In addition to uplands earth science pursuits, there has been identified a need for coastal, nearshore geological investigations. Needs for such purposes as beach restoration and inlet management have been identified by the State, the Florida Shore and Beach Preservation Association, the Environmental Protection Agencies’ consortium pursuing the Gulf of Mexico Program , the U.S. Geological Survey, the U.S. Bureau of Ocean Energy Management, Regulation and Enforcement, and the U.S. Army Corps of Engineers. State geological surveys have been identified by the Federal Government as the lead state agencies in pursuing such investigations. The FGS is currently involved in such coastal studies, and has commitments for additional studies from participating Federal funding sources.
Most government programs at all levels are a fiscal drain on their tax bases. This is not out-of-line because most government services are not designed to make a profit, they are to provide a service to the public, hopefully using their appropriated dollars efficiently. State Geological Surveys, however, do provide economic benefits to the state and taxpayers. Geologic information is used for many purposes by state and local planners (such as avoiding development over a useful mineral deposit, avoiding costly waste clean-up by properly locating landfills or disposal wells). It has been estimated by economists that geologic map data provided by state geological surveys provides a payback of 7 to 55 times the initial investment! This type of assessment has also been carried out by the federal government with the same results.
The FGS has no plant facilities financial encumbrances because of a highly unique relationship with the Florida State University in association with the Department of Geosciences (academic research cooperation through a “Memorandum of Understanding”, and building deed restrictions). This translates into significant dollars (there is no building rent) which are spent on applied research and public service and utilized towards production of task oriented information services for the DEP.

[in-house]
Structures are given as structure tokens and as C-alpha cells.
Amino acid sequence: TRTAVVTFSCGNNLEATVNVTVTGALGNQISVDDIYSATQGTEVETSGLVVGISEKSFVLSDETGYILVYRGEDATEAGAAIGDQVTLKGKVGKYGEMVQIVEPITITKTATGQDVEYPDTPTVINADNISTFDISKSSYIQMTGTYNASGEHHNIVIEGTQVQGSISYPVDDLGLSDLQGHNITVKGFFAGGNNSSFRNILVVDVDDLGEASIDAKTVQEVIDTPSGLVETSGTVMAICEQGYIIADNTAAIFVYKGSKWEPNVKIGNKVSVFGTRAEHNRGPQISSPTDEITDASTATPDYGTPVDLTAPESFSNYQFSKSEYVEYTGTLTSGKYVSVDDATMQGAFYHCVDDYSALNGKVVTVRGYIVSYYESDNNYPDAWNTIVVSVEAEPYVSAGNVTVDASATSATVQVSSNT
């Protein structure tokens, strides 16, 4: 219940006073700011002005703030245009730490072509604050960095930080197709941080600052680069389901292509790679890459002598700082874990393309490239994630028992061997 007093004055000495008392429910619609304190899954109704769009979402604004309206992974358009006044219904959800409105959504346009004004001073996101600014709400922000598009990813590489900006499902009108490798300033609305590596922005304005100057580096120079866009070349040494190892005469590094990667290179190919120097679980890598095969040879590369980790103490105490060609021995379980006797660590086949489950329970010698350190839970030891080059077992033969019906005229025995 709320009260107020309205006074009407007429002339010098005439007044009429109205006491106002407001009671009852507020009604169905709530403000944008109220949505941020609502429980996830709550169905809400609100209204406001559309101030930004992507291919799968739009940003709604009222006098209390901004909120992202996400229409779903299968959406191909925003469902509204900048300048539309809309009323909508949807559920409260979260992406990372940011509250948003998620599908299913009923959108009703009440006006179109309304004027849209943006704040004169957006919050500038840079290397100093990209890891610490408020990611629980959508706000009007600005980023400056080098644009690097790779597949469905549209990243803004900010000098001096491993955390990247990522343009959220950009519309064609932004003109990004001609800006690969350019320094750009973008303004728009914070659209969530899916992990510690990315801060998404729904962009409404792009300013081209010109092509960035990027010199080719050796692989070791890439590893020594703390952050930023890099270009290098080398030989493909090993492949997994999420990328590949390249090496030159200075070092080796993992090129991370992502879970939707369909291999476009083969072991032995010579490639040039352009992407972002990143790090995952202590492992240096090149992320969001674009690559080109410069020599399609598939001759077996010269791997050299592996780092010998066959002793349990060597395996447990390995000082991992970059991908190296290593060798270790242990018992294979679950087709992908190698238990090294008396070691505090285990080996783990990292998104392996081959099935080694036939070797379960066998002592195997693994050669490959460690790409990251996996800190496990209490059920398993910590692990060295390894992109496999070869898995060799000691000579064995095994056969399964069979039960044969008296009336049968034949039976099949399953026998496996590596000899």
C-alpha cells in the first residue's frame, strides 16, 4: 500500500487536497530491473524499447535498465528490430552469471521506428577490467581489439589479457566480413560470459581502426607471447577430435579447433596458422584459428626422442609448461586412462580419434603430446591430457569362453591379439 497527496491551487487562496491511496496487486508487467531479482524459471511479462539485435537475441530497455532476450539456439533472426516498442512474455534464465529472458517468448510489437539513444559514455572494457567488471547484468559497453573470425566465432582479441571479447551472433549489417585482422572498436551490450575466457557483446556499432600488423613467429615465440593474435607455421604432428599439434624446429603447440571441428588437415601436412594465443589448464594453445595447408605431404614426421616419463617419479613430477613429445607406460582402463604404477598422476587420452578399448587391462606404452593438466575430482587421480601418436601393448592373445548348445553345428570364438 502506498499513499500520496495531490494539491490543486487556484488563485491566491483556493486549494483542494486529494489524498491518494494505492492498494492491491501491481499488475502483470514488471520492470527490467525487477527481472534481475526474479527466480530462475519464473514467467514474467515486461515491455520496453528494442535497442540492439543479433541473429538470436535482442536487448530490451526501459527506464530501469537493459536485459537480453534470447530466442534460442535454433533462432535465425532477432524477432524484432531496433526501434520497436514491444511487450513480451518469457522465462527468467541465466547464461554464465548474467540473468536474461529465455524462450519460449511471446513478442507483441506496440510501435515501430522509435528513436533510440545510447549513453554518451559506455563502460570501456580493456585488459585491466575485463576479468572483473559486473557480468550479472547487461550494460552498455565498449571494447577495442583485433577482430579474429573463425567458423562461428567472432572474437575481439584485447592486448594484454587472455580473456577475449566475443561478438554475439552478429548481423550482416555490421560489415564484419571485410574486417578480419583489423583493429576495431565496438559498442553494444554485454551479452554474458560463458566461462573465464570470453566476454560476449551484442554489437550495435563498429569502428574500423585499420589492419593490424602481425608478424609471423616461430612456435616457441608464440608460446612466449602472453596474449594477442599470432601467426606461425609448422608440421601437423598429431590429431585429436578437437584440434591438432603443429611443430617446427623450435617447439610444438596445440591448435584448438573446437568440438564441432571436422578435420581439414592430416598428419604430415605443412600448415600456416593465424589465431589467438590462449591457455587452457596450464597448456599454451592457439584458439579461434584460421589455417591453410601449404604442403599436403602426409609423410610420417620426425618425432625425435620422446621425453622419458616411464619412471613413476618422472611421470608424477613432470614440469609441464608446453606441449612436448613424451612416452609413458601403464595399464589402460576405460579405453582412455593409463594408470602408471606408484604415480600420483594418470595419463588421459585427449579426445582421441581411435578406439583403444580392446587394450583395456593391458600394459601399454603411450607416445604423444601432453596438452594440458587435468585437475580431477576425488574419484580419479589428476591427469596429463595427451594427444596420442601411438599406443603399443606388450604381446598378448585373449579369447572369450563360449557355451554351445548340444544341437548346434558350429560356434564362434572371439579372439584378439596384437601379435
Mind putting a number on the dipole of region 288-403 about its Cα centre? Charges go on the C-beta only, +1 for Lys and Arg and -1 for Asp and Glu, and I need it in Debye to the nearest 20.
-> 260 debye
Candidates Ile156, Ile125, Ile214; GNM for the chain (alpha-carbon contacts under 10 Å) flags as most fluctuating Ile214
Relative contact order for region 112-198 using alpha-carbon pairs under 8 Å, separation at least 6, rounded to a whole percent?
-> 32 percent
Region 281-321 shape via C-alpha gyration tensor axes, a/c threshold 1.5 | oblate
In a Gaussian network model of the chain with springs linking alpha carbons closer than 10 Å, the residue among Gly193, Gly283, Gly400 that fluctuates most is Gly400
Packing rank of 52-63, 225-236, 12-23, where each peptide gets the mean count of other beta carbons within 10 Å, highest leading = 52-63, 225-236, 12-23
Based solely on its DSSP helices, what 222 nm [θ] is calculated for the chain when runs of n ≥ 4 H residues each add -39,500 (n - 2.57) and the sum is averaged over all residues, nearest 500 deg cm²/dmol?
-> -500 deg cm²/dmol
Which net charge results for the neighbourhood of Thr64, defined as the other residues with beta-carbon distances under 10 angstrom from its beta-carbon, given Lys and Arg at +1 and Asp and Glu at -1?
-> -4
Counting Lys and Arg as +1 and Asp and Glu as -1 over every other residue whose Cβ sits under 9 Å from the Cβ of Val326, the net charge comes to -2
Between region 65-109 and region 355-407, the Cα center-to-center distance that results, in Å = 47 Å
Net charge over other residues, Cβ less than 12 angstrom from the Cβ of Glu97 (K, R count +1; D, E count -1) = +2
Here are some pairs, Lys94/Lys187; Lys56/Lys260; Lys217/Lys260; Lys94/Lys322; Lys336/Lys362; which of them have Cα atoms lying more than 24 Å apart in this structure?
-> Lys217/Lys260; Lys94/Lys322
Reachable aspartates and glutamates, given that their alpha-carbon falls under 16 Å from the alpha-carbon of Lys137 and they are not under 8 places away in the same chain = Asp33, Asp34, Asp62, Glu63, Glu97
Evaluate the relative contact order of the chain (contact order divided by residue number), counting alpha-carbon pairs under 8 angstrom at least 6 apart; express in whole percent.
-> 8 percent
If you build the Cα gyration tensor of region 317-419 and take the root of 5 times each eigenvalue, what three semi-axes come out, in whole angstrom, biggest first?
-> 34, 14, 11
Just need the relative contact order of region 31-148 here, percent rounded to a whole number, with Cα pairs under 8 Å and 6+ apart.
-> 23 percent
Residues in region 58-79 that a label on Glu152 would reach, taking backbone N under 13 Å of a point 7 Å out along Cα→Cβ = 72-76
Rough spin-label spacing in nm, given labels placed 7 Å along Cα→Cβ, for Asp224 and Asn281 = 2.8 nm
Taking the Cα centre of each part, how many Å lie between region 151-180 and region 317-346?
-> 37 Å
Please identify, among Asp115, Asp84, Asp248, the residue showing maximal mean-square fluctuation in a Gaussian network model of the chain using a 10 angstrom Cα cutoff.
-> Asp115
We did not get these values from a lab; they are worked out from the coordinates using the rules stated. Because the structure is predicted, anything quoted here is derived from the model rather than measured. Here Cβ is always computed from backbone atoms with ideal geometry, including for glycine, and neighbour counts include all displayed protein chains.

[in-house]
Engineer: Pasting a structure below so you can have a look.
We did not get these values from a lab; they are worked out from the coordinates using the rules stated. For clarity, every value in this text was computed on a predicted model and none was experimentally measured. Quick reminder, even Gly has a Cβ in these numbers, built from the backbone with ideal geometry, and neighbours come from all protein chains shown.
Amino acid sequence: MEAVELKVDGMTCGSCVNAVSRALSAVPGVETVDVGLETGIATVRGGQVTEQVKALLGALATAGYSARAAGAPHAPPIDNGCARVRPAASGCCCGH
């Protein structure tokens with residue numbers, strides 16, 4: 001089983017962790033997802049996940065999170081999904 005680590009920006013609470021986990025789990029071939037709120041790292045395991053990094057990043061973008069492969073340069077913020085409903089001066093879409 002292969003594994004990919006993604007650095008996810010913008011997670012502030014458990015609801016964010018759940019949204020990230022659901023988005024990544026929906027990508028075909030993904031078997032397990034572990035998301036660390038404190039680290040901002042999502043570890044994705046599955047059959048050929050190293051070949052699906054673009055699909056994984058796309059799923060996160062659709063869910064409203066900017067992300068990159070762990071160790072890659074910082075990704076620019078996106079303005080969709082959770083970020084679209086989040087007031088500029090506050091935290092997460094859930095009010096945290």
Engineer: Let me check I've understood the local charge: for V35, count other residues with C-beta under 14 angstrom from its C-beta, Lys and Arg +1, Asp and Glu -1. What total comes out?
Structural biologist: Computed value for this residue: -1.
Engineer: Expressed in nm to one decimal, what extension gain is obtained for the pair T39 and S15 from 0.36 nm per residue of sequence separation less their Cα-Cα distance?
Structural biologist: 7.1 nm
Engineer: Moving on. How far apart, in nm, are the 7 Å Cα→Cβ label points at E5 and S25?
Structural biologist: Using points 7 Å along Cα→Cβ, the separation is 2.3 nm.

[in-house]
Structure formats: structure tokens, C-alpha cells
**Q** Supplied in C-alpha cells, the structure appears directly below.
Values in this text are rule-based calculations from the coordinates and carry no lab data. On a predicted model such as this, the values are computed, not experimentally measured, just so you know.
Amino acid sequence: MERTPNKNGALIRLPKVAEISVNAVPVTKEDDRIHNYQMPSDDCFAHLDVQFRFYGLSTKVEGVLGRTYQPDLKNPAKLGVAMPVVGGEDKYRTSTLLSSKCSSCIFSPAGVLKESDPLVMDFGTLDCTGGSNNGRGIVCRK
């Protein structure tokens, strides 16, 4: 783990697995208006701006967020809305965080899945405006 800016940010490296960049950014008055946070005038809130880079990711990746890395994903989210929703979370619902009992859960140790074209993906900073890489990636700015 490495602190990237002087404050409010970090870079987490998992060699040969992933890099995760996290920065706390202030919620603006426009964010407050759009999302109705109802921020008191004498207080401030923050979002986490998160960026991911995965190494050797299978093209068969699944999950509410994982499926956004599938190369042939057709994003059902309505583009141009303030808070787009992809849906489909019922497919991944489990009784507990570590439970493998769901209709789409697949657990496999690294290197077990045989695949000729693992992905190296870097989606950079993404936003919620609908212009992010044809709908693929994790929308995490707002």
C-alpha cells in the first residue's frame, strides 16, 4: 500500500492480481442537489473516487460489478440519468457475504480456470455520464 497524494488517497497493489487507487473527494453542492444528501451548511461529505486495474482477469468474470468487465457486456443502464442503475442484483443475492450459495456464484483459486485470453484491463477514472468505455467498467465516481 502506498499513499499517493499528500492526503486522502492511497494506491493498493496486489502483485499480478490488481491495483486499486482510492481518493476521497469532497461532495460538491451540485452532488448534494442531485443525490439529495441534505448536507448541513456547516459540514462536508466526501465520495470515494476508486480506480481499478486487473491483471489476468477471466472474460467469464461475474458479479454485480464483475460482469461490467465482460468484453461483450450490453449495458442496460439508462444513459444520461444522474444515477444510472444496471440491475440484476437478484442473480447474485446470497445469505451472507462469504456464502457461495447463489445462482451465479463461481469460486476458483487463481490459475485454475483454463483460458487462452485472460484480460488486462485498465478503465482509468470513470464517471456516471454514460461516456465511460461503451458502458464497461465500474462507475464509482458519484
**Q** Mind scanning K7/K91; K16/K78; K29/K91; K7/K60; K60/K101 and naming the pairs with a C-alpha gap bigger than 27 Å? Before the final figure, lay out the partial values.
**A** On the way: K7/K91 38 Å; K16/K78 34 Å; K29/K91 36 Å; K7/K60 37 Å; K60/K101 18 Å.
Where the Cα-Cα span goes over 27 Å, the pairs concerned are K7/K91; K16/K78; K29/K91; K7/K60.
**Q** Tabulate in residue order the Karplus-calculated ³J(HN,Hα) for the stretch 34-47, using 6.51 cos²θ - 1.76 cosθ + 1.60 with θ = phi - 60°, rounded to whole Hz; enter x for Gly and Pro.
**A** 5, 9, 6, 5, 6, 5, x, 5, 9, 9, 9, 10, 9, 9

About twenty years ago the National Geological Mapping Act passed Congress (and has been subsequently reauthorized) and was signed into law by the President. This act describes the usefulness of geologic data and partnerships between state and federal geological surveys, academia, and the private sector. Six members of the Florida Congressional delegation were co-sponsors of the act upon the recommendation and encouragement of the Florida State Geologist. It was also endorsed by past DER Secretary Carol Browner, and past DNR Executive Director Virginia Wetherell, and all five water management districts. In addition, the National Governor’s Association through their Policy NR-17 supports the National Geological Mapping Program as a successful and needed state/federal partnership. The FGS has grants under this program each year to study the near- surface geology of various parts of the State.
The U.S. Environmental Protection Agency in their “Ground Water Resource Assessment Technical Assistance Document” specifically states that State Geological Surveys should be the primary agencies for the state ground water regulatory agencies to work with in characterizing the aquifers of the state. In this statement, the EPA has recognized the separate, valuable mission and services carried out by state geological surveys.
The National Academy of Sciences, through a report released by their National Research Council, also recommends the state geological surveys be the primary state programs to be relied on for information related to: geochemistry, biogeochemistry, fluids in and on the earth, sustaining sufficient natural resources, mitigating geological hazards, and minimizing and adjusting to the effects of global and environmental change.